Multilateral organizations in Africa have also been at the forefront of this fight – the African Development Bank (AfDB) launched a landmark $3bn social bond to support African countries to mitigate the impact of Covid-19 on their economies. The African Union, African CDC, and the AfroChampions Initiative have launched a public-private partnership through the Africa Covid-19 Response Fund.
The COVID-19 Response Fund aims to raise an initial $150m to address the immediate need to prevent further transmission and up to $400m to support sustainable medical responses to the Covid-19 pandemic. Additionally, the African Export-Import Bank (Afreximbank) has announced a $3bn facility, the Pandemic Trade Impact Mitigation Facility (PATIMFA), to support African countries in dealing with the economic and health impacts of the COVID-19 pandemic.
African presidents, prime ministers, and health ministers have also shown remarkable levels of accountability, addressing their citizens daily to provide updates on the spread of Covid-19 in their countries and the measures they are taking to combat this crisis.
These leaders have also used their platforms to communicate strong messages about this pandemic – president of AfDB Dr Akinwumi Adesina and prime minister Abiy Ahmed of Ethiopia have been very vocal about the importance of working together to control the spread of this pandemic and alleviate its economic impact. At an individual level, the presidents of Rwanda, Zambia, Kenya, Malawi and other have taken salary cuts in support of the fight against Covid-19.
No contribution is too small
In times such as these, no contribution is too small – as we leverage different platforms to share our ideas with our leaders, we must also take collective action within our communities to fight against this pandemic. Several firms and individuals are already setting a good example of how to do this. SHOFCO, a grassroots movement in Kibera – the largest slum in Africa – has reached close to 200,000 people in its Covid-19 prevention and preparedness campaign.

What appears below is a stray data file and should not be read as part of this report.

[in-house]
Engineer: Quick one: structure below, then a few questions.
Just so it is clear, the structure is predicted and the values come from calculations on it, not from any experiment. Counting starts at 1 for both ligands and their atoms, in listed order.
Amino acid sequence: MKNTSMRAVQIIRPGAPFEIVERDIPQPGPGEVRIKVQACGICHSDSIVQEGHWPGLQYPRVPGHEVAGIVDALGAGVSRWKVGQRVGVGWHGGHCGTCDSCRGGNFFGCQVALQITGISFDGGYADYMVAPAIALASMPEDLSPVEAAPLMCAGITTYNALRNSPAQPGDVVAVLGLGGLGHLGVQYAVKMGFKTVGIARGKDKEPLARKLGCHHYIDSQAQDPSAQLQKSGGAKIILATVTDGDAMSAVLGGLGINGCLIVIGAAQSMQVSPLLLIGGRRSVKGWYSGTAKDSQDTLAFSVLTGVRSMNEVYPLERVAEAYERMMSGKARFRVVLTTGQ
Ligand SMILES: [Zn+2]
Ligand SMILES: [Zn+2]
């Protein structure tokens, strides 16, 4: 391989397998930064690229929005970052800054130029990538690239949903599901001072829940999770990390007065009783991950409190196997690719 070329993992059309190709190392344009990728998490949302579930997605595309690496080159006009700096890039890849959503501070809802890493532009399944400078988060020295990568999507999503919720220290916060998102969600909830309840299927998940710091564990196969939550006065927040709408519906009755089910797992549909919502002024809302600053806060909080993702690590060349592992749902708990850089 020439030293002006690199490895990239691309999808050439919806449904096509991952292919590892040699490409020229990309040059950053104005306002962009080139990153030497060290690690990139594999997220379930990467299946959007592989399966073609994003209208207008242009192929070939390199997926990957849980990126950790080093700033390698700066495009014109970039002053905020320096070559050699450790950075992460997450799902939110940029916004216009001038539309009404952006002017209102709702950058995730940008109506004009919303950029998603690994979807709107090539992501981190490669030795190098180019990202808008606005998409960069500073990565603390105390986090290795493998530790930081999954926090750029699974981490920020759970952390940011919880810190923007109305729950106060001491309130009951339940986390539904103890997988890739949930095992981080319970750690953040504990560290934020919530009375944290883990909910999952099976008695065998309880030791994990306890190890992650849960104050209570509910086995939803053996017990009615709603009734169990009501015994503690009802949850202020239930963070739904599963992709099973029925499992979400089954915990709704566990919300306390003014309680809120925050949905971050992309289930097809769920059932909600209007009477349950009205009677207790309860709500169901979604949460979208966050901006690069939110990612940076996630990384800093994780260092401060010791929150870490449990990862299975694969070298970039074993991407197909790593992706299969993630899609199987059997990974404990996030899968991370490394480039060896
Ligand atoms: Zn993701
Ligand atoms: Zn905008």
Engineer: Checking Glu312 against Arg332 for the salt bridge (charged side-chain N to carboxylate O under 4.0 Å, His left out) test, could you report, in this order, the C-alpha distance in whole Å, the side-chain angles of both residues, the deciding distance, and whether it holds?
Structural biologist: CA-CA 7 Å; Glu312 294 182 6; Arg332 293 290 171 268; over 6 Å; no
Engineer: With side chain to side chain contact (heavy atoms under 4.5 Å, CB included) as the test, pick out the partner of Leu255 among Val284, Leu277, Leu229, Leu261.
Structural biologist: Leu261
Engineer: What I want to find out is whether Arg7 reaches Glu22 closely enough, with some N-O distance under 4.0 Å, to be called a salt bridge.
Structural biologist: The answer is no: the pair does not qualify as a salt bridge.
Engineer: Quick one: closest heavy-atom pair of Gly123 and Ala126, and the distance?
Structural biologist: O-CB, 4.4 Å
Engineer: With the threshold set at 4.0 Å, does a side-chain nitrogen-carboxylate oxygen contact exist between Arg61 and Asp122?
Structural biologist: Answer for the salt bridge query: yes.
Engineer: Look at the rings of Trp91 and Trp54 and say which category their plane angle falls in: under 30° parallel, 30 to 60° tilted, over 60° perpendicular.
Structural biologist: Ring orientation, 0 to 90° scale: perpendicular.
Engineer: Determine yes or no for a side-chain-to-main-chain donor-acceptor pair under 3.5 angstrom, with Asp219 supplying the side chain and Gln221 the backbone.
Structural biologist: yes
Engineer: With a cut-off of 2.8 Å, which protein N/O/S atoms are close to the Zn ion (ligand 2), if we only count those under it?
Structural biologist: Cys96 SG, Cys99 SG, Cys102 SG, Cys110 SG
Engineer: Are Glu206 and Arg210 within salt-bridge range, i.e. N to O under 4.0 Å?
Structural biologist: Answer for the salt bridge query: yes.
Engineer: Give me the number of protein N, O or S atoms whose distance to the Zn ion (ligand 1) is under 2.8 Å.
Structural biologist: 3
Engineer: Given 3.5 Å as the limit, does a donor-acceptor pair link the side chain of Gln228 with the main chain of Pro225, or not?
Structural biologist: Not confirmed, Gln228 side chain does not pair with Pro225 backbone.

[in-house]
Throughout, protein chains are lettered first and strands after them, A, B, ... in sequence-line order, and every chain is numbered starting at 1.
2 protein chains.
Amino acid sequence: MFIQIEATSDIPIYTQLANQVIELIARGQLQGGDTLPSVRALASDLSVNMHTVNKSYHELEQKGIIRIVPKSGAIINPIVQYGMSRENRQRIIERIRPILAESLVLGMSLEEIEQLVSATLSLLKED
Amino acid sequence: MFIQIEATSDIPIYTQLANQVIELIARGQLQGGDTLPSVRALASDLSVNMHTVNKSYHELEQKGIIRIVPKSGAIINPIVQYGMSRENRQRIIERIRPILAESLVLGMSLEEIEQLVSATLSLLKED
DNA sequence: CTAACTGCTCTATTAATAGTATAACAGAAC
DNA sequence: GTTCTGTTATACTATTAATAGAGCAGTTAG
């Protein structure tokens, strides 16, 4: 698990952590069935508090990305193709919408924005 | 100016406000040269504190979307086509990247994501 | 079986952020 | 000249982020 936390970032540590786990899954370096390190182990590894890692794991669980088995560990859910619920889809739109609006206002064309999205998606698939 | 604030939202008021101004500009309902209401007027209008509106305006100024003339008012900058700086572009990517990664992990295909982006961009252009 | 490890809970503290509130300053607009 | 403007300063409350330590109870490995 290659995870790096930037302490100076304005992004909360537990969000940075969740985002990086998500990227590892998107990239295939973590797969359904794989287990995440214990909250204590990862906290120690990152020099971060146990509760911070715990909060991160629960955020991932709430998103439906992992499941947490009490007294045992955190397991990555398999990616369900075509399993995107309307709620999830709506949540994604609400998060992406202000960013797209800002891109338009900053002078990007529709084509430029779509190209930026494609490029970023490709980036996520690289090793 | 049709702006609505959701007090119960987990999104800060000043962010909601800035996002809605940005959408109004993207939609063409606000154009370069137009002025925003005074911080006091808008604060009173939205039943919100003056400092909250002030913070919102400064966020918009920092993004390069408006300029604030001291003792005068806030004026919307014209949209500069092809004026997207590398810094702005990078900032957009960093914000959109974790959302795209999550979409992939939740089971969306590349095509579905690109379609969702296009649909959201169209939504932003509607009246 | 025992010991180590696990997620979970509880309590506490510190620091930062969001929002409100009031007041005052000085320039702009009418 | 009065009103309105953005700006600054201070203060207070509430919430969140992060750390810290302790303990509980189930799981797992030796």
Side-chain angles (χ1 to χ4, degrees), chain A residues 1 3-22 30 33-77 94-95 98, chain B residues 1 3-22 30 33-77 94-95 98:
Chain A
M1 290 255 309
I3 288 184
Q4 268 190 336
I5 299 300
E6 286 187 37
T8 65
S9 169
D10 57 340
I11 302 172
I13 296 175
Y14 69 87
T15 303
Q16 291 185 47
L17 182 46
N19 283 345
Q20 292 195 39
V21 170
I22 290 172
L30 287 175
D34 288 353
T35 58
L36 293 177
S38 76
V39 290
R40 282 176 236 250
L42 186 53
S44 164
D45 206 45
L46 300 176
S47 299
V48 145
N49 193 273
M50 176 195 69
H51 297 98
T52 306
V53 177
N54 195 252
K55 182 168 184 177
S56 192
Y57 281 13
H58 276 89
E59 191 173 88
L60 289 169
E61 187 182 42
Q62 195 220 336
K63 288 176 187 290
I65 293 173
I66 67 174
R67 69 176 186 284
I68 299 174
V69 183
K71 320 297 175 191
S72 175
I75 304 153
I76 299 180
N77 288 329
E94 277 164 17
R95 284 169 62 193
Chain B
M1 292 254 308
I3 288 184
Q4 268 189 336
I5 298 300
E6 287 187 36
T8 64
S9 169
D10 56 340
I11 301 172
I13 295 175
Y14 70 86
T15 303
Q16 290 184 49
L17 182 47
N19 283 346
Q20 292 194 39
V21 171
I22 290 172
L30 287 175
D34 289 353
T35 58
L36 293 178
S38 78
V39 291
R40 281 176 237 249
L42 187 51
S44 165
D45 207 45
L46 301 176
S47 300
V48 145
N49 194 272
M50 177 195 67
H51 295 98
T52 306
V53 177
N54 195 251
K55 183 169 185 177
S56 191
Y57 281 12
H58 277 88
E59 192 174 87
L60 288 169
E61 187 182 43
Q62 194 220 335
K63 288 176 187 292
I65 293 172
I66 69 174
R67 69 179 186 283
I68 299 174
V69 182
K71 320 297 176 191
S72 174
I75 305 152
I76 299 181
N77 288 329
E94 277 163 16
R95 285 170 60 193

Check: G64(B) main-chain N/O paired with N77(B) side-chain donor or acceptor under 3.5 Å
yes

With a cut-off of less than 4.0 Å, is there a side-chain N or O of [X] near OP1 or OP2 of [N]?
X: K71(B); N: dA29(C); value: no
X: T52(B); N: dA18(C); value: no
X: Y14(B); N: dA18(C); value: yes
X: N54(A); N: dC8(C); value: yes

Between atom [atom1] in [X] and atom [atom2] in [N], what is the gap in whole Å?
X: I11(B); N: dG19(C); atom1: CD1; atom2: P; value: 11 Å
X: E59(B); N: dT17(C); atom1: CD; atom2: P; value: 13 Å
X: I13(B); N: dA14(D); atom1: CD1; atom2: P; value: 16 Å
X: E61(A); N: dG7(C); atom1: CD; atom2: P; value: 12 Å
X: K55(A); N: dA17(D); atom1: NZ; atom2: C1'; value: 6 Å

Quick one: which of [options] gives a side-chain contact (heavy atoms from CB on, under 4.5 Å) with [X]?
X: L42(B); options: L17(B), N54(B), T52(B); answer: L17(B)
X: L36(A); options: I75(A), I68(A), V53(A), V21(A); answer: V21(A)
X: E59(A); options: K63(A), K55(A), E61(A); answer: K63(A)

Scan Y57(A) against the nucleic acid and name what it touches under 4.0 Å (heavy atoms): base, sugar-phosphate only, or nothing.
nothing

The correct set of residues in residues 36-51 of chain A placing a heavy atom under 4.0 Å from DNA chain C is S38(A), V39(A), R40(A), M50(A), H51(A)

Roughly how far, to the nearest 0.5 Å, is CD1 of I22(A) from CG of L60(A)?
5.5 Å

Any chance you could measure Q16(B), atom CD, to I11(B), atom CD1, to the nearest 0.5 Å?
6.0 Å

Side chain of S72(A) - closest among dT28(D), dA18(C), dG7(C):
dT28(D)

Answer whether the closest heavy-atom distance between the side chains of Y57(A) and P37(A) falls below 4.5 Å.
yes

The Institute for Social Transformation, a Ugandan Charity, developed the Market Garden app, which allows vendors to safely sell their produce after restrictions to promote social distancing were enforced. Individuals were also able to contribute by participating in the #AfricaVsVirus Challenge – an AfDB Ideathon to develop solutions to address some of the social and economic challenges caused by COVID-19.
Stepping up as citizens
As we fight Covid-19 together, we are all learning – from other countries, from our political and business leaders, from our youth, and from each other. By the very nature of this crisis, we will not make it through unless we work together.
We should all use our skills, networks, and resources to join the fight against Covid-19 – this could be by leading a food drive, conducting a sensitisation campaign on social media, or even developing an app to deliver an essential service.
Holding our leaders accountable at all times is justified but stepping up as citizens to be part of the solution, especially in fighting this pandemic, is equally, if not more, important. Everything we do individually and together will inch us closer to the finish line and ensure that we emerge victorious in the fight against COVID-19.
Isaac Kwaku Fokuo Jr. is the Founder and Principal of Botho Emerging Markets Group.